They are conmen, swindlers, and thieves.
They are not typically doctors, nurses, and dentists.
Unless, of course, they violate the powerful HIPAA laws, knowingly or unknowingly.
The federal government takes an individual’s right to privacy seriously by levying substantial fines and possible jail time for HIPAA law violations. A single infraction can result in a fine between $100 and $50,000 (Brown, 2014). Also, depending on the severity of the violation and the knowledge of wrongdoing by the offender, jail time can be assigned (Litton, 2018).
So, should this be a cause for concern? Well, if you work in the healthcare industry and utilize Verizon as your carrier, you may be violating those sacred HIPAA laws.
The Verizon Cloud feature is offered to customers for free for the first 30 days. However, in what seems to be standard operating procedure for Verizon, the onus of responsibility for opting out of the Cloud falls upon the customer. Then, a minimum of 5 dollars per month is charged for this feature that backs up documents, photos, contact numbers, call logs, etc. However, the Verizon Cloud is not HIPAA compliant. Anyone in the medical field that uses their Verizon phone to access health records or any other patient data is at risk of violating HIPAA laws. Also, if the customer manually updates their phone or if the Cloud software is set to update automatically, HIPAA laws have been breached.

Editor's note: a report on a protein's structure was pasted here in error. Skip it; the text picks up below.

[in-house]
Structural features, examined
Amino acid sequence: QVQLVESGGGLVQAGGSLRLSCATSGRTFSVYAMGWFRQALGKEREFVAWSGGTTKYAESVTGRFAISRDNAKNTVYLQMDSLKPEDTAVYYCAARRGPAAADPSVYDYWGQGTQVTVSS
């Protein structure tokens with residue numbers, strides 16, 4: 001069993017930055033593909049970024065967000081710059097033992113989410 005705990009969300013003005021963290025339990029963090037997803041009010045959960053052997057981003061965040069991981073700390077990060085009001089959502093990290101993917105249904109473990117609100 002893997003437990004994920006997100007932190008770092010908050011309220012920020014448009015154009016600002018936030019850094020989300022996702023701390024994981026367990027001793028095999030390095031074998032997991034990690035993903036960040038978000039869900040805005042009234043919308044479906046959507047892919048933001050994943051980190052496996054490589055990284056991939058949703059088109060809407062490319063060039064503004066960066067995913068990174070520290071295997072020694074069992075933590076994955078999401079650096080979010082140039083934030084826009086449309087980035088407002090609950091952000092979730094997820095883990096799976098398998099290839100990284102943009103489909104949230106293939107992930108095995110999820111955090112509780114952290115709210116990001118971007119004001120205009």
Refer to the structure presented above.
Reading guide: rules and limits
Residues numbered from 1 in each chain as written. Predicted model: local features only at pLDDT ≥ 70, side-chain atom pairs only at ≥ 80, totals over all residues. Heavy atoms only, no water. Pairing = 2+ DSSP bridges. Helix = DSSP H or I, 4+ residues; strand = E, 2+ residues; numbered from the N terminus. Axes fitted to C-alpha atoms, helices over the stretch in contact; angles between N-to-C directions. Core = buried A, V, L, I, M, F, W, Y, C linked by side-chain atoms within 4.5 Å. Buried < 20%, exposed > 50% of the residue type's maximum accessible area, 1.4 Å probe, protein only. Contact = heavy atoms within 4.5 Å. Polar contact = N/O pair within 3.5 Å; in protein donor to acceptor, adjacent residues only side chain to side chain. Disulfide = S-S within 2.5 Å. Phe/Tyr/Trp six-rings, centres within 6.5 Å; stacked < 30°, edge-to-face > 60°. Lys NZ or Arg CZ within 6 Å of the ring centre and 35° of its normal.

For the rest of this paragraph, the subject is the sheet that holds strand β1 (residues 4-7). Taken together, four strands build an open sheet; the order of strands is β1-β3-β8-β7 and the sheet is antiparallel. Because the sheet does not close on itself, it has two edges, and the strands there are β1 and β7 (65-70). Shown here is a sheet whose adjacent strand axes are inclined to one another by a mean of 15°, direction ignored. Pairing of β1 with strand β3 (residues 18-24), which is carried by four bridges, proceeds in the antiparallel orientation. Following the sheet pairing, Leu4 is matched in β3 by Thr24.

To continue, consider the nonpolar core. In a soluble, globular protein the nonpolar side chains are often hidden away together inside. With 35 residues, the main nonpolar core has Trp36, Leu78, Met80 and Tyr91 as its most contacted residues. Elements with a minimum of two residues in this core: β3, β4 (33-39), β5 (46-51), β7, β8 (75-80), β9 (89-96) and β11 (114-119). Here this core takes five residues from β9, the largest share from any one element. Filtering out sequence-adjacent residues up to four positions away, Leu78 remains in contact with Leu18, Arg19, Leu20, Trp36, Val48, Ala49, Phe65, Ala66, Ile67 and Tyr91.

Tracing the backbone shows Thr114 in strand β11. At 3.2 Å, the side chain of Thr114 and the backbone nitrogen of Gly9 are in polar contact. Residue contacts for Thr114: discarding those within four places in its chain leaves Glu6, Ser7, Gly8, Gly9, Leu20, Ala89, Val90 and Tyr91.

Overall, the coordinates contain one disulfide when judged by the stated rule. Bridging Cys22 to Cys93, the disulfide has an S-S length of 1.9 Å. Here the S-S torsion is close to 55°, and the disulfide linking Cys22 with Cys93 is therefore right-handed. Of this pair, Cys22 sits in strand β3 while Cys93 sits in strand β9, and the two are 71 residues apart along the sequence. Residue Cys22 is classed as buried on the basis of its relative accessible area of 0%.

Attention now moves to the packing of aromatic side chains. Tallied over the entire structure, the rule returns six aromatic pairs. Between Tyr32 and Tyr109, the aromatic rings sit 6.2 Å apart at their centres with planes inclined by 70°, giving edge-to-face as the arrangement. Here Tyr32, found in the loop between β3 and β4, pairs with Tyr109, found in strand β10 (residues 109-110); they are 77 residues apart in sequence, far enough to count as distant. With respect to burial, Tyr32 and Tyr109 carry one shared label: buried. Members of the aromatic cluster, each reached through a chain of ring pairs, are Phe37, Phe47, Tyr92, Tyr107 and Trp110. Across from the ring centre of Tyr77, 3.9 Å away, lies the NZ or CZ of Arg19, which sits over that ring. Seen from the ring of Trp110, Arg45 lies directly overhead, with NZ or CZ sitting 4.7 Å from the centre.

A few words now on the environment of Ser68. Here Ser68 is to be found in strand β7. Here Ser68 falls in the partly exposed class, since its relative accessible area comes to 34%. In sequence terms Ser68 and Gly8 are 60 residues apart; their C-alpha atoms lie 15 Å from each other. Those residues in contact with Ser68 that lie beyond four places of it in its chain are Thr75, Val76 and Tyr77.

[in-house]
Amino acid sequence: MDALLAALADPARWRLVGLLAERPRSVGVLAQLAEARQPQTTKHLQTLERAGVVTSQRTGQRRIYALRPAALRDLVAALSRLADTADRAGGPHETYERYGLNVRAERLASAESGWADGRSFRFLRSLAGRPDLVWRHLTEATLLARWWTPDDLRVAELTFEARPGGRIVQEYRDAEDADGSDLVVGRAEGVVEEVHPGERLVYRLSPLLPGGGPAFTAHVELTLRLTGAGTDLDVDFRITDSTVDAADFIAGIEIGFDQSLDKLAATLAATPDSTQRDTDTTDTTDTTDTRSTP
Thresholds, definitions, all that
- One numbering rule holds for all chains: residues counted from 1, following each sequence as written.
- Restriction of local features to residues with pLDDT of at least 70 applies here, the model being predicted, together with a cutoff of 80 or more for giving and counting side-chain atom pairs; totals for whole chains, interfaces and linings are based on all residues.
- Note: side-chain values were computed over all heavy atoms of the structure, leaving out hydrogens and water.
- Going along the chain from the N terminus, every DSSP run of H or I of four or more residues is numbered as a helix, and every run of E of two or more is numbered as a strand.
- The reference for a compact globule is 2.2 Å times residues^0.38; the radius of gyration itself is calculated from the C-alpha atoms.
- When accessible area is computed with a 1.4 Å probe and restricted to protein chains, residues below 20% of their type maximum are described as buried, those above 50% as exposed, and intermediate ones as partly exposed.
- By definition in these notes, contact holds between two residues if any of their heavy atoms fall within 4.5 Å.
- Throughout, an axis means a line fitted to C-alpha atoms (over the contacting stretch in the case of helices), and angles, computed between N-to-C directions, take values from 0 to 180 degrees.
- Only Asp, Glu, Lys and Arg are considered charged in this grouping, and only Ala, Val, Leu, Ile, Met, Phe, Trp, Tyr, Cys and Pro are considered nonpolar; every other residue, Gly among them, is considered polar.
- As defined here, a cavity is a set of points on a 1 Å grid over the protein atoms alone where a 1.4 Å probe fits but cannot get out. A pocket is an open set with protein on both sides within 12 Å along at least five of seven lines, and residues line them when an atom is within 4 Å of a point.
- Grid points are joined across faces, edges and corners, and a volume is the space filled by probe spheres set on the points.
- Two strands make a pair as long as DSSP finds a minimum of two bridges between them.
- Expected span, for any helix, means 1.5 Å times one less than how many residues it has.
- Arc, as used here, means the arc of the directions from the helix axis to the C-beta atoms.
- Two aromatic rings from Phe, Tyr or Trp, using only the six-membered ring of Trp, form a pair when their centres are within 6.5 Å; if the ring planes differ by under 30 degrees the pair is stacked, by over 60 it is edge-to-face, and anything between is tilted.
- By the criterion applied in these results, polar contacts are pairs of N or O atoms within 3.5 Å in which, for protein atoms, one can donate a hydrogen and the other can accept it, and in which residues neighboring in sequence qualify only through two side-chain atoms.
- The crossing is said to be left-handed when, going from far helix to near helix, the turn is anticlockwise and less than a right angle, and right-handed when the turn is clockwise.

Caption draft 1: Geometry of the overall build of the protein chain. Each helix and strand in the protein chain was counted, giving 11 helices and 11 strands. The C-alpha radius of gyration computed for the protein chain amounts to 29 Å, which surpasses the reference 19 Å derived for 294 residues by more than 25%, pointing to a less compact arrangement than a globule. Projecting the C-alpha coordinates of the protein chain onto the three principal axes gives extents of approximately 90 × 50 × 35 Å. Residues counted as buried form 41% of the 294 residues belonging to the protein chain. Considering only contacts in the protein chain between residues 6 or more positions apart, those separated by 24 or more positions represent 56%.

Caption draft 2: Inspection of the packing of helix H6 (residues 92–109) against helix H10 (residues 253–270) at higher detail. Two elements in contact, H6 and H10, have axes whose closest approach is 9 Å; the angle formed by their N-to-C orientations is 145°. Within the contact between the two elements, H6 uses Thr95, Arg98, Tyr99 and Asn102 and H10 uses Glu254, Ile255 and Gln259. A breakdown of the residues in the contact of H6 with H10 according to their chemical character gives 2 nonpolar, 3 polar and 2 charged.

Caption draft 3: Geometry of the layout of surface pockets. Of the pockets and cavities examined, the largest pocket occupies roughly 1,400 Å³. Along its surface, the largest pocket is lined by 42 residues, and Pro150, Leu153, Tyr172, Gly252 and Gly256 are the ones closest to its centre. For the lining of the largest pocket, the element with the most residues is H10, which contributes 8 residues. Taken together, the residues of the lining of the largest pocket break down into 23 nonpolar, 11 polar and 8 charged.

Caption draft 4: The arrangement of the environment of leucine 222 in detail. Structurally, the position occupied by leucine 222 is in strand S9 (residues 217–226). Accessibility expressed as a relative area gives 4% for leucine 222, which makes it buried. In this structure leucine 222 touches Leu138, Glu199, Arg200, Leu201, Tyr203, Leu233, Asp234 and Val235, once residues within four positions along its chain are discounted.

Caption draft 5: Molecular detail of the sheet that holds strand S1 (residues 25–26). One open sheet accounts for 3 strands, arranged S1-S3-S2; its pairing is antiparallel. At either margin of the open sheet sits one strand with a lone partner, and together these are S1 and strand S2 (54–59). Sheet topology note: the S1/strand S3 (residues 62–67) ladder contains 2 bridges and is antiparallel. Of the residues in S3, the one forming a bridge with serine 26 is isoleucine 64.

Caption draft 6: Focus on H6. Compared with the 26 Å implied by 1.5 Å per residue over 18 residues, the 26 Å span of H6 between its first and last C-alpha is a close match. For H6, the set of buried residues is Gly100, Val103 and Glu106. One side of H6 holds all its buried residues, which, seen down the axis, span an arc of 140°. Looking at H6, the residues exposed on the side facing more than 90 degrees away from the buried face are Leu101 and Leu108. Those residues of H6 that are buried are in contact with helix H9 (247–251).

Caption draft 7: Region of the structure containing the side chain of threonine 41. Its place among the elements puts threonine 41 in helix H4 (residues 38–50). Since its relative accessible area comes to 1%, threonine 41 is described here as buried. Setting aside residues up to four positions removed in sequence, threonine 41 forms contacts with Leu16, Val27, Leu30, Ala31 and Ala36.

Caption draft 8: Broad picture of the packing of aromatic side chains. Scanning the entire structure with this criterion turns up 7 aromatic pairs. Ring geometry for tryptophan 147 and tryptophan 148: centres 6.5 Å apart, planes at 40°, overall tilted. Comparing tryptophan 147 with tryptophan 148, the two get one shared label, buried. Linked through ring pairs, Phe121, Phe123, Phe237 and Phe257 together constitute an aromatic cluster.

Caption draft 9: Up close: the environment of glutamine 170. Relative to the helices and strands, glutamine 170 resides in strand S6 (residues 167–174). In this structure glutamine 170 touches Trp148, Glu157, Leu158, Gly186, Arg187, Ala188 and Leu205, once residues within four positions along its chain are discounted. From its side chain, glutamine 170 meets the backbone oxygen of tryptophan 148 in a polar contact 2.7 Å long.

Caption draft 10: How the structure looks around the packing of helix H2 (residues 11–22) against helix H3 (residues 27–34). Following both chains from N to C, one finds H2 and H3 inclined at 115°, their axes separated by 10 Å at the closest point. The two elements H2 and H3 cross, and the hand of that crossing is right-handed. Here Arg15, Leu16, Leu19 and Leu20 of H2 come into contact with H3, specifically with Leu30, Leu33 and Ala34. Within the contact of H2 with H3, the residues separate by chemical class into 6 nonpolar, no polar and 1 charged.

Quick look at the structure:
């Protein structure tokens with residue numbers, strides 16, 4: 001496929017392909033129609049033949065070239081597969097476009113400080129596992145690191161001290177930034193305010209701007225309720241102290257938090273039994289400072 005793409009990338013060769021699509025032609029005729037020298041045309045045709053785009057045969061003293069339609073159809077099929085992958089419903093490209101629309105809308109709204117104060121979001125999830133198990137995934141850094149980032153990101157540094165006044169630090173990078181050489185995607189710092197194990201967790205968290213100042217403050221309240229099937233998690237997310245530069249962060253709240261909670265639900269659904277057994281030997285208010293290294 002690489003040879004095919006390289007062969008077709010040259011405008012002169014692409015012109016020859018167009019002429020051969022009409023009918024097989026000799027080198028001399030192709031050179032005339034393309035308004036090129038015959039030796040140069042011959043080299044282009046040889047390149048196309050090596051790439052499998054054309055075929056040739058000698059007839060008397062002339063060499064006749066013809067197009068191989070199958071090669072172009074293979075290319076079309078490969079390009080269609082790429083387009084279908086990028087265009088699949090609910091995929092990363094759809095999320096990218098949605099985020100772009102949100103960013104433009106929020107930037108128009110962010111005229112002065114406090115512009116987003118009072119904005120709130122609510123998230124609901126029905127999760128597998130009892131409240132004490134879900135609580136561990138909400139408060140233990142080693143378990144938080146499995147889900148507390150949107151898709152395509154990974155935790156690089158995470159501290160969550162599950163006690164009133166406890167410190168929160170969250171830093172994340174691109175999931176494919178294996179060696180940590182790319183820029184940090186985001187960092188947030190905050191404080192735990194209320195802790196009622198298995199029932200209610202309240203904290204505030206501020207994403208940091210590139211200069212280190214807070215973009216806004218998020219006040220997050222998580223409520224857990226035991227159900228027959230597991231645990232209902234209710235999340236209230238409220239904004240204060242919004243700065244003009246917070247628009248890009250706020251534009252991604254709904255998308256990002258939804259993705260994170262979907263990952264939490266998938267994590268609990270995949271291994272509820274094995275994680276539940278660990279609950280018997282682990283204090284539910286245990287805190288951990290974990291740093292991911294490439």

In the end, the 5 bucks a month Verizon looks to pocket from the Cloud subscription is more important to them than preventing thousands of dollars in fines and potential jail time for their customers. There definitely seems to be a lack of transparency among their fees and features.
It is unfortunate that those tasked with protecting others’ well being is forced to work so hard to protect themselves from their carrier.
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